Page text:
As a child, you can choose to remain on your parents’ Medicare plan by continuing COBRA coverage for their Medicare premiums. Depending on the qualifying event, your parents’ coverage continues for a specified time. The Fund Office will notify you of your COBRA premium amount and monthly payment. COBRA payments are due on the first of the month before the coverage month. Missing a payment will delay your reinstatement of benefits.
2. Part A Deductible
In August, my friend’s mother was diagnosed with deep vein thrombosis. Without a Medicare insurance plan, she had to pay the full cost of her medication, which was more than $500 a month. His mother was worried about her financial situation and asked him to help her pay the bill, so he convinced her to enroll in a Medicare drug plan during Open Enrollment. His mother never told him that she was not paying for her premiums, but now he knows and he can speak for her in this way.
3. Part B Coinsurance
The General Enrollment Period is open from January 1 to March 31 each year, with coverage beginning on July 1. The monthly premium will rise by 10% after July 1. After the enrollment period ends, people must enroll in Medicare Part B during the eight-month period following the end of group coverage or employment. During this time, there are no special rules. Individuals may lose their group coverage if it is for a specified reason.
4. Part D Extra Help Program
There are several ways to get help with paying Medicare premiums for your parents, and Extra Help is one of them. If your parents are under age 65 or have no other coverage, Extra Help is free and will not charge you a late enrollment penalty. To apply, visit the Social Security Administration’s Extra Help website and use the direct link to submit your application. You can also use NCOA’s BenefitsCheckUp (BCU) tool to see if you qualify for other benefits as well.
5. Medicaid Eligibility
If you’re under the age of 26 and your parents are paying their Medicare premiums, you may be eligible for Medicaid. If you were not enrolled in Medicare Part A at the time you first became eligible, you may have to pay a higher monthly premium than you would have otherwise. You will also have to pay this higher premium twice as long as you were previously covered under Part A. The good news is that there are some ways to avoid paying this penalty. The most common mistake people make is not enrolling in Medicare Part A when they are first eligible.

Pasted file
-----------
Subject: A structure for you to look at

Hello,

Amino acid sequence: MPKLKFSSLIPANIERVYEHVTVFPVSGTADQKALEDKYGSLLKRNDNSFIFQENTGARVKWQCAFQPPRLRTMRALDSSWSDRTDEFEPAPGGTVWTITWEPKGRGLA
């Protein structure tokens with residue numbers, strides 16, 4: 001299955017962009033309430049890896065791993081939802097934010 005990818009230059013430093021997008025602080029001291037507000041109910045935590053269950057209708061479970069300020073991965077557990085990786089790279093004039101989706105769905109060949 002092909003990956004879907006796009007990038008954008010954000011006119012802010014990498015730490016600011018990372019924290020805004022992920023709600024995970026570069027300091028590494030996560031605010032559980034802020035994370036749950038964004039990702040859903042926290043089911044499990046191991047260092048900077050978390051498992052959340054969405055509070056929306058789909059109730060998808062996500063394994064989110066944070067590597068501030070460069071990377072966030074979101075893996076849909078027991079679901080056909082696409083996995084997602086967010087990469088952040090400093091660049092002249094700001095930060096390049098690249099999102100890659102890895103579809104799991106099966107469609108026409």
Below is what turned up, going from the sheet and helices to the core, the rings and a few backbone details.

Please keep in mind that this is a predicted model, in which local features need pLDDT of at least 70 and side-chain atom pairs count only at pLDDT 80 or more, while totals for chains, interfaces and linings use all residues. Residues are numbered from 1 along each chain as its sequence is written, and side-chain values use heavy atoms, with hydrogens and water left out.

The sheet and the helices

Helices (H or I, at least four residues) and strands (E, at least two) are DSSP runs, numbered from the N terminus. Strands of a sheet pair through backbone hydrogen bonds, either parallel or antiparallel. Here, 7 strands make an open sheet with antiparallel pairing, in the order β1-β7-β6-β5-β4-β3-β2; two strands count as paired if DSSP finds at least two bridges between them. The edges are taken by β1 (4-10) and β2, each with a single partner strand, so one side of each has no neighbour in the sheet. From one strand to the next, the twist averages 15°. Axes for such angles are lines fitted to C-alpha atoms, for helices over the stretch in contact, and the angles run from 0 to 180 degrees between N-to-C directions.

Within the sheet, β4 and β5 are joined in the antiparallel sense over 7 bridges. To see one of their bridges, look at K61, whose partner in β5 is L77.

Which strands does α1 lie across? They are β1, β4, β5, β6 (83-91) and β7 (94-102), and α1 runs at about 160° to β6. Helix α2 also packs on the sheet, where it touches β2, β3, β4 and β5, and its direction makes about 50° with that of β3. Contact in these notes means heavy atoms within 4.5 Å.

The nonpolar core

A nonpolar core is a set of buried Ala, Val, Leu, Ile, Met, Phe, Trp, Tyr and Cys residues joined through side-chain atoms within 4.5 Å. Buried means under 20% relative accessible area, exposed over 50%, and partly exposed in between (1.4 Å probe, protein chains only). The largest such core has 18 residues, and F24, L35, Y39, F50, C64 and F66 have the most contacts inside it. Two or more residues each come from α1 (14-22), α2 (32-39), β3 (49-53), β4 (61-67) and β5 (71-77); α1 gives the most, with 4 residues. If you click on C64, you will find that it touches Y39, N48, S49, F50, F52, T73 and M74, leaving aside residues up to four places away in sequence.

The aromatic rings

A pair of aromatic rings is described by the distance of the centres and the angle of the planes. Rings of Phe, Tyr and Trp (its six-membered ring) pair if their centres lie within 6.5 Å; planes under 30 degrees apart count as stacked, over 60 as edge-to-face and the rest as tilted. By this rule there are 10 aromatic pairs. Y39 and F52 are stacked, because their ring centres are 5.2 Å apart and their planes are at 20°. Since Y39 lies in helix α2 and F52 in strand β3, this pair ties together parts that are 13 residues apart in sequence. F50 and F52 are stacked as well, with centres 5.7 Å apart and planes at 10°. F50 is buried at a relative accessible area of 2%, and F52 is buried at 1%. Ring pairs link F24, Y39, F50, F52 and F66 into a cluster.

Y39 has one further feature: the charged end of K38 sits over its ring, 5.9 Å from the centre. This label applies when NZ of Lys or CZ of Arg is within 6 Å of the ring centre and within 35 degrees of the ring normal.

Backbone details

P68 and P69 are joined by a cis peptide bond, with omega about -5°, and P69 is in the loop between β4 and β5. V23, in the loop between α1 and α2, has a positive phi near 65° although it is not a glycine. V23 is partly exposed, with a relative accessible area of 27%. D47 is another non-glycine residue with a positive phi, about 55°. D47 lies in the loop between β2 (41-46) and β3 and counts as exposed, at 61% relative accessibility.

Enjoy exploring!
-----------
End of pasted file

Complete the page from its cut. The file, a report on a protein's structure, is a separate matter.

6. Plan F Supplement plan pays everything Medicare doesn’t pay
In order to get coverage, you must be enrolled in Original Medicare and Parts A and B. Original Medicare pays a share of approved healthcare expenses. Medicare Supplement Plan F pays the remainder of those expenses. However, it doesn’t pay part of the premiums for Part B or the out-of-pocket costs for Part A. However, Plan F is a great choice if you want to avoid out-of-pocket costs for Medicare-approved expenses.
7. Plan G Supplement plan pays everything except the Part B Annual Deductible
The Plan G Supplement plan is a good choice for people who want to keep their monthly premiums as low as possible while still getting comprehensive coverage. It includes all the benefits of Medicare Supplement Plans A, B, and C, with the exception of the Part B deductible. People who want hospitalization coverage are advised to opt for Plan G. However, you should know that you will be required to pay the Part B deductible before the plan will start to pay your medical bills.